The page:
And, I've still got Old Yeller, too, my trusty, well-worn, tried-and-true, three-pocket, no-frills, not-Gore-Tex, mended-and-mended-again, multi-purpose, dingy, yellow Marmot jacket which I've been wearing for, I don't know, at least 10 years... maybe more. Yeller'd been retired to bike-commuting duty-only of late, what with my fancy new jacket and all.  But I'm calling her up for one more shot at the big leagues, one more season on the mountain.  She's a great jacket anyway.  Not fancy.  But never fails. Keeps me warm (as long as I'm layered right).  Mostly dry (can get a bit sweaty at times). And even has one simple chest pocket that will accommodate my iPod, if I require it (I usually do).  It'll be nice to take her back up the mountain next time I go.  Like old times... the same old situation, the same old you and me.

13 February 2011

[There will probably be NO] Snowday This Friday!

It's been some time since my daughter and I were able to get out for a ride together.  And it was all too easy to forget it was February today, too... 67 degrees and sunny skies will do that.  Made recalling the negative-20s of a week or two ago seem like something I'd read in a book.

After two long laps around Buffalo Park (all smiles!), we took the Bug (with the top-down, of course) over to DQ on Milton to celebrate with strawberry sundaes and mocha-moo-lattes.  We played a round of our favorite sitting-at-DQ game: count the Subarus, then cruised leisurely through campus, downtown, and back up Cedar Hill past the Buffalo.  Now we're home again, hanging-out family-style, with the back door wide open letting all the fresh air in...

What a lovely lazy Sunday.

Nevertheless, all the weather forecast models are in agreement (so's my guru, Stu), predicting a return to winter later this week.  And frankly, that's good news to me.  Early spring weather's great-and-all... a nice respite from winter, indeed.  But I'd still like to get a few more days on the mountain... get that pass paid for, ya know.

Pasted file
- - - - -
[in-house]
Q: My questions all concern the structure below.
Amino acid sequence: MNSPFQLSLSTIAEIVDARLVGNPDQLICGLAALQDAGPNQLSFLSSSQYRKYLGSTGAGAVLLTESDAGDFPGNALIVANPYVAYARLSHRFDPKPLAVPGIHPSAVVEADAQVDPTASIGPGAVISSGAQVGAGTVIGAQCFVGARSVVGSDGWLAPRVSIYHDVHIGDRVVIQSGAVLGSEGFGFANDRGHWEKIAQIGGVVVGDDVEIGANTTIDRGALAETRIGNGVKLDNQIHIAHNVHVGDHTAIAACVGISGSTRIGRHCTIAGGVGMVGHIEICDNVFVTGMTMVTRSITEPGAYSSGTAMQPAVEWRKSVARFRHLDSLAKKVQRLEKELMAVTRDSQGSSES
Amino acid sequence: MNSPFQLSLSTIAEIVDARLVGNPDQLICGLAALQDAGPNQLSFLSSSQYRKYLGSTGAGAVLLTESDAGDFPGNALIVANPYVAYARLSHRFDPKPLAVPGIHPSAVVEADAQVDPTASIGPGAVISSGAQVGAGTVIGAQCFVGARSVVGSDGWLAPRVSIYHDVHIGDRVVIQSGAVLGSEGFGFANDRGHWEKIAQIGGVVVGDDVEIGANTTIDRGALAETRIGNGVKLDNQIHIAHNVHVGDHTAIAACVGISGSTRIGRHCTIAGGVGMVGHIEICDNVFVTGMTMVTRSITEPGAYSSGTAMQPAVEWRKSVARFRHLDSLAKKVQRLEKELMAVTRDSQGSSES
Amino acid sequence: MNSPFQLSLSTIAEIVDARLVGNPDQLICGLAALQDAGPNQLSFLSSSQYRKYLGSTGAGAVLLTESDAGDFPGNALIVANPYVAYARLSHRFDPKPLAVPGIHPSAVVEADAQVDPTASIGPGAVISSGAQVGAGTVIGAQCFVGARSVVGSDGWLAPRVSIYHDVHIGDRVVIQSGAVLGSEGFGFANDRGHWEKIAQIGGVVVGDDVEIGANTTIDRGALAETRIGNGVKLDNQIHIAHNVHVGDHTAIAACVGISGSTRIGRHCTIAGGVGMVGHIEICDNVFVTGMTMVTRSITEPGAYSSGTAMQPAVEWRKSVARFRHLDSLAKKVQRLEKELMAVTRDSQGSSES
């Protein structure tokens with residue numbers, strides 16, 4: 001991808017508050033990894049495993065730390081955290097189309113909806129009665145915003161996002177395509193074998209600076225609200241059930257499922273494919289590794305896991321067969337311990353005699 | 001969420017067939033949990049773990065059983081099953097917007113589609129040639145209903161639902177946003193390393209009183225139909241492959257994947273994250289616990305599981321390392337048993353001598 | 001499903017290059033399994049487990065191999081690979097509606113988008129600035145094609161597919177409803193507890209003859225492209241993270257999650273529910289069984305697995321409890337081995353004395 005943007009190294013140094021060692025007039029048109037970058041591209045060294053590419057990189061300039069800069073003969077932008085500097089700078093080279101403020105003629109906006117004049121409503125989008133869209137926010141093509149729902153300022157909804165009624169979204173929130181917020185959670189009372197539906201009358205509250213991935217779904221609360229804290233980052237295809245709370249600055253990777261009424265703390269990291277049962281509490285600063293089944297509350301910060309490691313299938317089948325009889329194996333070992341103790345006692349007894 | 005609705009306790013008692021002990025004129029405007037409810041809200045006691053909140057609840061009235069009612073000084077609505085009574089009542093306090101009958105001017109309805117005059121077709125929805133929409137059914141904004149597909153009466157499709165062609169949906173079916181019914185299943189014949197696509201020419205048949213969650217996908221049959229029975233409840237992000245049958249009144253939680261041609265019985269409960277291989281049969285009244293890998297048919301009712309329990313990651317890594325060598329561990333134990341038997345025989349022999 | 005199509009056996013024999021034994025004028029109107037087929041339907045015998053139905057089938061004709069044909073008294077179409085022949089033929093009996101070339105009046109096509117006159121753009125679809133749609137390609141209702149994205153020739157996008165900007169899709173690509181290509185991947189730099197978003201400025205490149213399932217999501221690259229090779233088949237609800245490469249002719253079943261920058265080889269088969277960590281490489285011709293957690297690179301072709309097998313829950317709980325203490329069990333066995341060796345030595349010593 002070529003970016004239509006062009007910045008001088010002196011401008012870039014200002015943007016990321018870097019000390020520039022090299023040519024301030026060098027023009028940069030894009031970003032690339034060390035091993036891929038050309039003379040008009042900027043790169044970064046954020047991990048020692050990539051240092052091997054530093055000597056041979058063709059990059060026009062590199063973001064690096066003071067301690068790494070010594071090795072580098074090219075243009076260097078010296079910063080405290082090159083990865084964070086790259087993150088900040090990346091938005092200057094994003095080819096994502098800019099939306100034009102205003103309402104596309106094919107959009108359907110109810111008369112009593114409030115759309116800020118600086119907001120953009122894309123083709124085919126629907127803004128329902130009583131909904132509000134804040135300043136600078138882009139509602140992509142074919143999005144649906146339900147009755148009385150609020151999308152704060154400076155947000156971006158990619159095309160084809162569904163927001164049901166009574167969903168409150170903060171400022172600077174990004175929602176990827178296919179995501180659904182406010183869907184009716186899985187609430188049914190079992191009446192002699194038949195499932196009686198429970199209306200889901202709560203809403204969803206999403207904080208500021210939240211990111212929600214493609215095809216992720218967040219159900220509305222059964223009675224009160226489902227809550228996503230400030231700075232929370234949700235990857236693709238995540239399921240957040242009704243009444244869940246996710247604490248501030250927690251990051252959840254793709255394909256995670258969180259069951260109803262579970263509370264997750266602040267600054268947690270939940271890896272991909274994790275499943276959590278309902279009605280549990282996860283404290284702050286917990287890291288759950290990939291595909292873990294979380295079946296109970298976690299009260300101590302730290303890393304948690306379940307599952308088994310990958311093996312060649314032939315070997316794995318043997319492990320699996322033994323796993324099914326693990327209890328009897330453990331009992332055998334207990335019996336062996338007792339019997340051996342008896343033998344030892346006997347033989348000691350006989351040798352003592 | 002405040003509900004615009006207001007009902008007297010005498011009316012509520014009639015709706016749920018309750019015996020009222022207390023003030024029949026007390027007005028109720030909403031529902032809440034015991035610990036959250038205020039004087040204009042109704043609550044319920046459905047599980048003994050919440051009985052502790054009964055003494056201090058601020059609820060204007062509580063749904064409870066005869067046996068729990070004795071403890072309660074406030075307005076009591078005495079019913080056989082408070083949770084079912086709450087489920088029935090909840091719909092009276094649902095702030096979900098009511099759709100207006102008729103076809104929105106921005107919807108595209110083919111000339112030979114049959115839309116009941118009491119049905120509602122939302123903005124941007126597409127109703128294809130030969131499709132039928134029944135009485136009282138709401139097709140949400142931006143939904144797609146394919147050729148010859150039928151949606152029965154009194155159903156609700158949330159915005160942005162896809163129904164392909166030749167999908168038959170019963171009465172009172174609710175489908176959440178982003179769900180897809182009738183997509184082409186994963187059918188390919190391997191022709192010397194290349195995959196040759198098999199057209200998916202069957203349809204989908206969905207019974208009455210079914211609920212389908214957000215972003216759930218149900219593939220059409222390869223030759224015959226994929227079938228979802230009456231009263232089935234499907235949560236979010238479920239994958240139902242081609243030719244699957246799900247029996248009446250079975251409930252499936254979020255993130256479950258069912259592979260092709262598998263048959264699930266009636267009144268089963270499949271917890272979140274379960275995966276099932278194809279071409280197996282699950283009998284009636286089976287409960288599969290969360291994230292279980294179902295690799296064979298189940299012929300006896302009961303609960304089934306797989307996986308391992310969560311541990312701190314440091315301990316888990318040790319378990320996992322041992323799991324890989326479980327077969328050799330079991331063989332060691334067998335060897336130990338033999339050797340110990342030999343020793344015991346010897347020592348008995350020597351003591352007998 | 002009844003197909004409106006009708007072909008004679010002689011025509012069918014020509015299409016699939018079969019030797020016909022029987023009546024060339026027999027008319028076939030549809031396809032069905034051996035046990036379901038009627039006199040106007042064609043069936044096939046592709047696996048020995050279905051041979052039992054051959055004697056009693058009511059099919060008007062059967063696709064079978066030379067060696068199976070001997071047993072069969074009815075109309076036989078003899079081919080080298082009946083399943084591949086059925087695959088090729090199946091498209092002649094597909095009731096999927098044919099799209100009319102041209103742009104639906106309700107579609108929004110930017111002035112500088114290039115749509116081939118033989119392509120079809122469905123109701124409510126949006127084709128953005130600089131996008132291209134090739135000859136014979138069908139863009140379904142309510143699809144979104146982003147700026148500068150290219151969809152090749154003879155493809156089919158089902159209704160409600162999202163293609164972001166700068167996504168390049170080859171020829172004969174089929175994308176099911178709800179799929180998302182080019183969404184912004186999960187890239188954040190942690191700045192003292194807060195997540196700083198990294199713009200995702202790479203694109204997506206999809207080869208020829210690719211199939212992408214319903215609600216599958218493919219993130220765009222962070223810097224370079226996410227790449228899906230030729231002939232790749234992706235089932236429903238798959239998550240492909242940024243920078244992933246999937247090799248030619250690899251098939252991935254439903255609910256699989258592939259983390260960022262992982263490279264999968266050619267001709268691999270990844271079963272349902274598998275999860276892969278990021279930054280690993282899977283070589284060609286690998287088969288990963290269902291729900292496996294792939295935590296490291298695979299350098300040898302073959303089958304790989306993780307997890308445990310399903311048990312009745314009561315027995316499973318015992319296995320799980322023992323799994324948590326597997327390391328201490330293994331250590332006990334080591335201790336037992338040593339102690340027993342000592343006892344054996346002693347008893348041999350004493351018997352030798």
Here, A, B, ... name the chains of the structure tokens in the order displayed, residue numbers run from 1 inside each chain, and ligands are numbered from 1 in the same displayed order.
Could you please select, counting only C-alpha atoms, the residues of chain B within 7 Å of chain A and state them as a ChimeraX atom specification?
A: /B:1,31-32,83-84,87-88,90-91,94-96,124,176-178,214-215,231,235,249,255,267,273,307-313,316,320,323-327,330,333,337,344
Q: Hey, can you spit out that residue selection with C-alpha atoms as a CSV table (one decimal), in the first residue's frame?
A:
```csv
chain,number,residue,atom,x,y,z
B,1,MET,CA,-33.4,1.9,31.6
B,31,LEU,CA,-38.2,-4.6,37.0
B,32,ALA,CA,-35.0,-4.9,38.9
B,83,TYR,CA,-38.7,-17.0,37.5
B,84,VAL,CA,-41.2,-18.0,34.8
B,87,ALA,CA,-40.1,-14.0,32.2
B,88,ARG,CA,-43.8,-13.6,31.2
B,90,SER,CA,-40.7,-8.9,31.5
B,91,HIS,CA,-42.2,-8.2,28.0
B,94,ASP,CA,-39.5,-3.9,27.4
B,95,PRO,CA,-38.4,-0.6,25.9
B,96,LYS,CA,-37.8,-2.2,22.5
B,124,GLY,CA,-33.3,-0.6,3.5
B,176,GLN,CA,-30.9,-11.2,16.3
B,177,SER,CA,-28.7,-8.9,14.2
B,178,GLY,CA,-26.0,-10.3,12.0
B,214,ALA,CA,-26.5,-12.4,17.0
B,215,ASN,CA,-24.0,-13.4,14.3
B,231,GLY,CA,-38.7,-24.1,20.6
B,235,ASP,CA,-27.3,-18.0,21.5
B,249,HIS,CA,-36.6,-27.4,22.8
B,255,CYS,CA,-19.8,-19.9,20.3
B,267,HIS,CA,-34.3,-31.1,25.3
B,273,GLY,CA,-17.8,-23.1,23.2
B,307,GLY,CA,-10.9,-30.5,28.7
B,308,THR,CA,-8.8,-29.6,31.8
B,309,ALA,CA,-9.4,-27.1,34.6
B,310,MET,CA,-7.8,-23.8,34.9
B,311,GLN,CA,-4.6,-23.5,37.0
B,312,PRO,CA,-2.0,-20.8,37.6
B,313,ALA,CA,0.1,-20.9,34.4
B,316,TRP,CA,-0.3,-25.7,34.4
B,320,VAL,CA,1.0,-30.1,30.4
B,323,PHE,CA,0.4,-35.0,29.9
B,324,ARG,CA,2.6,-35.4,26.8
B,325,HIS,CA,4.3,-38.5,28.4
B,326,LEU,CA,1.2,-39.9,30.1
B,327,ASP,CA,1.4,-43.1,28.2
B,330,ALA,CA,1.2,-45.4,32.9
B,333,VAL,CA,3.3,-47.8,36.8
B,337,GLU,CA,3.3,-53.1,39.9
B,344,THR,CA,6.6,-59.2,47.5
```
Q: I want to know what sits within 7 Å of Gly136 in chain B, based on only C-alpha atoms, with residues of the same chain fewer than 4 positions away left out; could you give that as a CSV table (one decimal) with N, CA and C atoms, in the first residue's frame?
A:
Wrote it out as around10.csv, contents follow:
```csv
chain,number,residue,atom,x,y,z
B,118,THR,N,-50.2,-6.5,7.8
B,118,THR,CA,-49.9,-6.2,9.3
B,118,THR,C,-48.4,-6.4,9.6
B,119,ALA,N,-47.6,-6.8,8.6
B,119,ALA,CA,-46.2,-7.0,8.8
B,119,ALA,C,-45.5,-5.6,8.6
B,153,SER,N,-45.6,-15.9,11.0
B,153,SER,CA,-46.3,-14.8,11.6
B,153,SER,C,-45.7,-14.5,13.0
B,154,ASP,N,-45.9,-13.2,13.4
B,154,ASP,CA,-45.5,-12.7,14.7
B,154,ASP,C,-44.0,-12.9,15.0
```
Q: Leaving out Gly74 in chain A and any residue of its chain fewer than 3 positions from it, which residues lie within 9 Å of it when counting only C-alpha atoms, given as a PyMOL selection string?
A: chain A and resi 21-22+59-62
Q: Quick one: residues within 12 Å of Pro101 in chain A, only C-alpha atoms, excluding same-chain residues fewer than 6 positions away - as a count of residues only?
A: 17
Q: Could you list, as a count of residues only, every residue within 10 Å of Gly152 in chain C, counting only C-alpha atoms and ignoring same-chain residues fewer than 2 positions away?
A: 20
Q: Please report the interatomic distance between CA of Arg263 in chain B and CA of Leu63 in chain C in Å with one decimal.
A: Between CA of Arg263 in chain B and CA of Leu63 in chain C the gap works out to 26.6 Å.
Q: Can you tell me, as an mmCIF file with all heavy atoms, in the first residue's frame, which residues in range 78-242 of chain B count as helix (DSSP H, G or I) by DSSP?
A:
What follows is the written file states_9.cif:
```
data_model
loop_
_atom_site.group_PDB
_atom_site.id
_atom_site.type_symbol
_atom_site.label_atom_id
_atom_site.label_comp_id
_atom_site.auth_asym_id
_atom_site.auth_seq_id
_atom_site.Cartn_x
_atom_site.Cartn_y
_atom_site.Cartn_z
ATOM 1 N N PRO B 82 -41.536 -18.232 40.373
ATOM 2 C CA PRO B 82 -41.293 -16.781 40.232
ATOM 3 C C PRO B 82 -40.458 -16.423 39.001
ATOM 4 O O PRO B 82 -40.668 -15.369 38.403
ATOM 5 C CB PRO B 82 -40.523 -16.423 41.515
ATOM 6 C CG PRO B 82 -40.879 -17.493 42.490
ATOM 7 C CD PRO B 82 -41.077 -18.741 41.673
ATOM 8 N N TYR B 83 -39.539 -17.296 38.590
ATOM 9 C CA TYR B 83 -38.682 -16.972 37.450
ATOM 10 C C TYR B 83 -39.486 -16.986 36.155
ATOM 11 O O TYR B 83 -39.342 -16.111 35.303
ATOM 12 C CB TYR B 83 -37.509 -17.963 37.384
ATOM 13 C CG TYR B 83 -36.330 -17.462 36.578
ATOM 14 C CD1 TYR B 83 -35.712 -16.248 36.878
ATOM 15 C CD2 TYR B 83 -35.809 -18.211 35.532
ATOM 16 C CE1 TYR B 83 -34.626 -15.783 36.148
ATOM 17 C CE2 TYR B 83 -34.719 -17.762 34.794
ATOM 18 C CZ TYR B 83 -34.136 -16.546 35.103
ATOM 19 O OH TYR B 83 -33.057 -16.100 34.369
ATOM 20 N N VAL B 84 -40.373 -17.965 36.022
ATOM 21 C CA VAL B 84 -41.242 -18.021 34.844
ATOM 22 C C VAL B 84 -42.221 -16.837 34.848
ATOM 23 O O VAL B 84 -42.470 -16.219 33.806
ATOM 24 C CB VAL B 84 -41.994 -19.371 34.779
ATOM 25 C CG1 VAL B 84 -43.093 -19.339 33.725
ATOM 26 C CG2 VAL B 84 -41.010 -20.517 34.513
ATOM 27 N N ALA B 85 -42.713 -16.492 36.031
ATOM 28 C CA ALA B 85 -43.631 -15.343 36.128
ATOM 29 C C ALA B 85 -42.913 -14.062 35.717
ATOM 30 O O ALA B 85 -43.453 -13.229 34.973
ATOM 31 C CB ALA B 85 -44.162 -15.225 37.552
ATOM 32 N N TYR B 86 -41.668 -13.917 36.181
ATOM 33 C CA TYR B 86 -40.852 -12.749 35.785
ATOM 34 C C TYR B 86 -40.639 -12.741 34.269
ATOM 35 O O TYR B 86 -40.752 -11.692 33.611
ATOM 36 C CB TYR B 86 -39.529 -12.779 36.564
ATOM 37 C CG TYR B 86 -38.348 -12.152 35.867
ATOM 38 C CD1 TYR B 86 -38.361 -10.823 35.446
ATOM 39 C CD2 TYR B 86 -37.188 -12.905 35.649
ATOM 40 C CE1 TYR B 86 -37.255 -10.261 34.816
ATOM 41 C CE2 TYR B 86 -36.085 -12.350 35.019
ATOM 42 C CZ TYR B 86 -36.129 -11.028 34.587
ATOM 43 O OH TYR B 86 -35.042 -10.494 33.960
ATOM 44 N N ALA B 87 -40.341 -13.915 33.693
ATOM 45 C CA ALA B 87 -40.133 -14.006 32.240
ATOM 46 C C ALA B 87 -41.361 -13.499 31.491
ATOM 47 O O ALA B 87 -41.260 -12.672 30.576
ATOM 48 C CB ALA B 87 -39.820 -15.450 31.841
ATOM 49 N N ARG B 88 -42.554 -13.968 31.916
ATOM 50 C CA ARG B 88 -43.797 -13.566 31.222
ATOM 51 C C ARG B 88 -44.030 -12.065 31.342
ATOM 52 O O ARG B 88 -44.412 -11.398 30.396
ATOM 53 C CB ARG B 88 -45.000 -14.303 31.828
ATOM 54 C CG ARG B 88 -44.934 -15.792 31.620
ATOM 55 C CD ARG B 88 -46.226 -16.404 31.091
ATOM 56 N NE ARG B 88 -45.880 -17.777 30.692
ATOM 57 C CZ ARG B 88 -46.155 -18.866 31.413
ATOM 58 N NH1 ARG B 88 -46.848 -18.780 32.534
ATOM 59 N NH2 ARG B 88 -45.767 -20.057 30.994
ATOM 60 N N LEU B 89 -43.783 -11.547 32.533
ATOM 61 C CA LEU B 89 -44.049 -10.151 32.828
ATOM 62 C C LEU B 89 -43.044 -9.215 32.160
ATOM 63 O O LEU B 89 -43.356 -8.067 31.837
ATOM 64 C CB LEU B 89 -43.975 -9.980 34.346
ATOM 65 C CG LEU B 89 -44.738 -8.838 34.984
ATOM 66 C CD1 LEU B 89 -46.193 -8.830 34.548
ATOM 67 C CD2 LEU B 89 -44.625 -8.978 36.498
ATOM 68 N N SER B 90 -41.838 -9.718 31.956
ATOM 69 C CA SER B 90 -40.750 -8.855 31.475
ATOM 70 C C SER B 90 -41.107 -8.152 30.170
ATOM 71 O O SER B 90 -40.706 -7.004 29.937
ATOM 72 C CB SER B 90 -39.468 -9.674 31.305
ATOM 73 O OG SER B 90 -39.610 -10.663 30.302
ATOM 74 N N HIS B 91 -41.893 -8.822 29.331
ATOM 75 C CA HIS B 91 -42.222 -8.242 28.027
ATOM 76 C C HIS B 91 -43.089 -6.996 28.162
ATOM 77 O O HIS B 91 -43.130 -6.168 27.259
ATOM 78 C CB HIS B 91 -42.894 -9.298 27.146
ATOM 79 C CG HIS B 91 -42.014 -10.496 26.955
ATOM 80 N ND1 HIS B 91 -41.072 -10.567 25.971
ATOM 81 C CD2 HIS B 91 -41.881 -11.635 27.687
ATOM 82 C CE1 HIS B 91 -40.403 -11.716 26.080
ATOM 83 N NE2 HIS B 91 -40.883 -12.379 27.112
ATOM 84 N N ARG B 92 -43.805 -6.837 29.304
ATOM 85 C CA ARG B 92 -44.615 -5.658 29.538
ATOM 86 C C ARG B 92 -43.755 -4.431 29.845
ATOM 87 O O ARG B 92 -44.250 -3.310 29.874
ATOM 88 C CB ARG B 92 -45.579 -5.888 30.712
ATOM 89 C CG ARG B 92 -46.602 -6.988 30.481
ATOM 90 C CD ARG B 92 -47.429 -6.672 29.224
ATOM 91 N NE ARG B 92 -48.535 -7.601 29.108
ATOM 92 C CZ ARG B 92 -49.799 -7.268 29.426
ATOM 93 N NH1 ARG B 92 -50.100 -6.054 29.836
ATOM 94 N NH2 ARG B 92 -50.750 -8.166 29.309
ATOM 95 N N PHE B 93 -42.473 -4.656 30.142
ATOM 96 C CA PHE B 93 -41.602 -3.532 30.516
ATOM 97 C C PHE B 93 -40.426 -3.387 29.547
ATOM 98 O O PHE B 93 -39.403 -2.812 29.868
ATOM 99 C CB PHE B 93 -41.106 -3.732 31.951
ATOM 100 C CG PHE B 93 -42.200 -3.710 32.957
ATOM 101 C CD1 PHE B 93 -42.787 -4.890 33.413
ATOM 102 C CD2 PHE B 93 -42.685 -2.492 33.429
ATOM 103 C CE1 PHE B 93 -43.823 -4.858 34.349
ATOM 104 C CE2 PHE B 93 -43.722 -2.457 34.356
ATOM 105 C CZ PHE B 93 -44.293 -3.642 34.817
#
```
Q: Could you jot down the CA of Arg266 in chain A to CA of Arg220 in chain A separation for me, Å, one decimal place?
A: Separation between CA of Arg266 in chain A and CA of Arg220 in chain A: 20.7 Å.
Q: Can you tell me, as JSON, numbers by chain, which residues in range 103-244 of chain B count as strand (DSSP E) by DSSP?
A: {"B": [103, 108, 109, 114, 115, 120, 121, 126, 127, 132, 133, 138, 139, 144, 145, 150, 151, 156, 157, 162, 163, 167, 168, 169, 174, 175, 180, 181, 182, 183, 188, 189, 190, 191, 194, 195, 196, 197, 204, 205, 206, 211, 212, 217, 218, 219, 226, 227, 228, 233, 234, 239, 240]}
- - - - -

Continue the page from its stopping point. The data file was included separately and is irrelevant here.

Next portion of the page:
So, with that in mind, throwing all caution and superstition to the wind, I'm gonna just come right out and say it: The stars are aligning...

It's gonna be a Snowday this Friday!

Don't take it to the bank just yet... we're still a few days away from certainty.

But in the event I'm right, don't forget I said it.

06 February 2011

Mountain Gazette #176

As I mentioned a few weeks back, Mountain Gazette actually did accept one of the photos I submitted to the magazine's annual Mountain Dog Photo Contest.   It's in the latest issue, #176, on page 25.  Mountain Gazette is not a huge publication, but I think it's great fun to read.  And, as a writer, they've been a real pleasure to work for in the past.  It's distributed all over the western U.S., and usually you can find it locally at places like Biff's Bagels, Late For The Train, and Aspen Sports.   It's free.

For the record, I've never had a photo published anywhere before.  And, I'm super stoked because this one is one of my all-time favorites.  For whatever it's worth, it wasn't a shot that I planned or posed or anything.  Just a lucky shot of our kid and the old-dog, Shadow, hanging out out together beneath the cottonwood tree.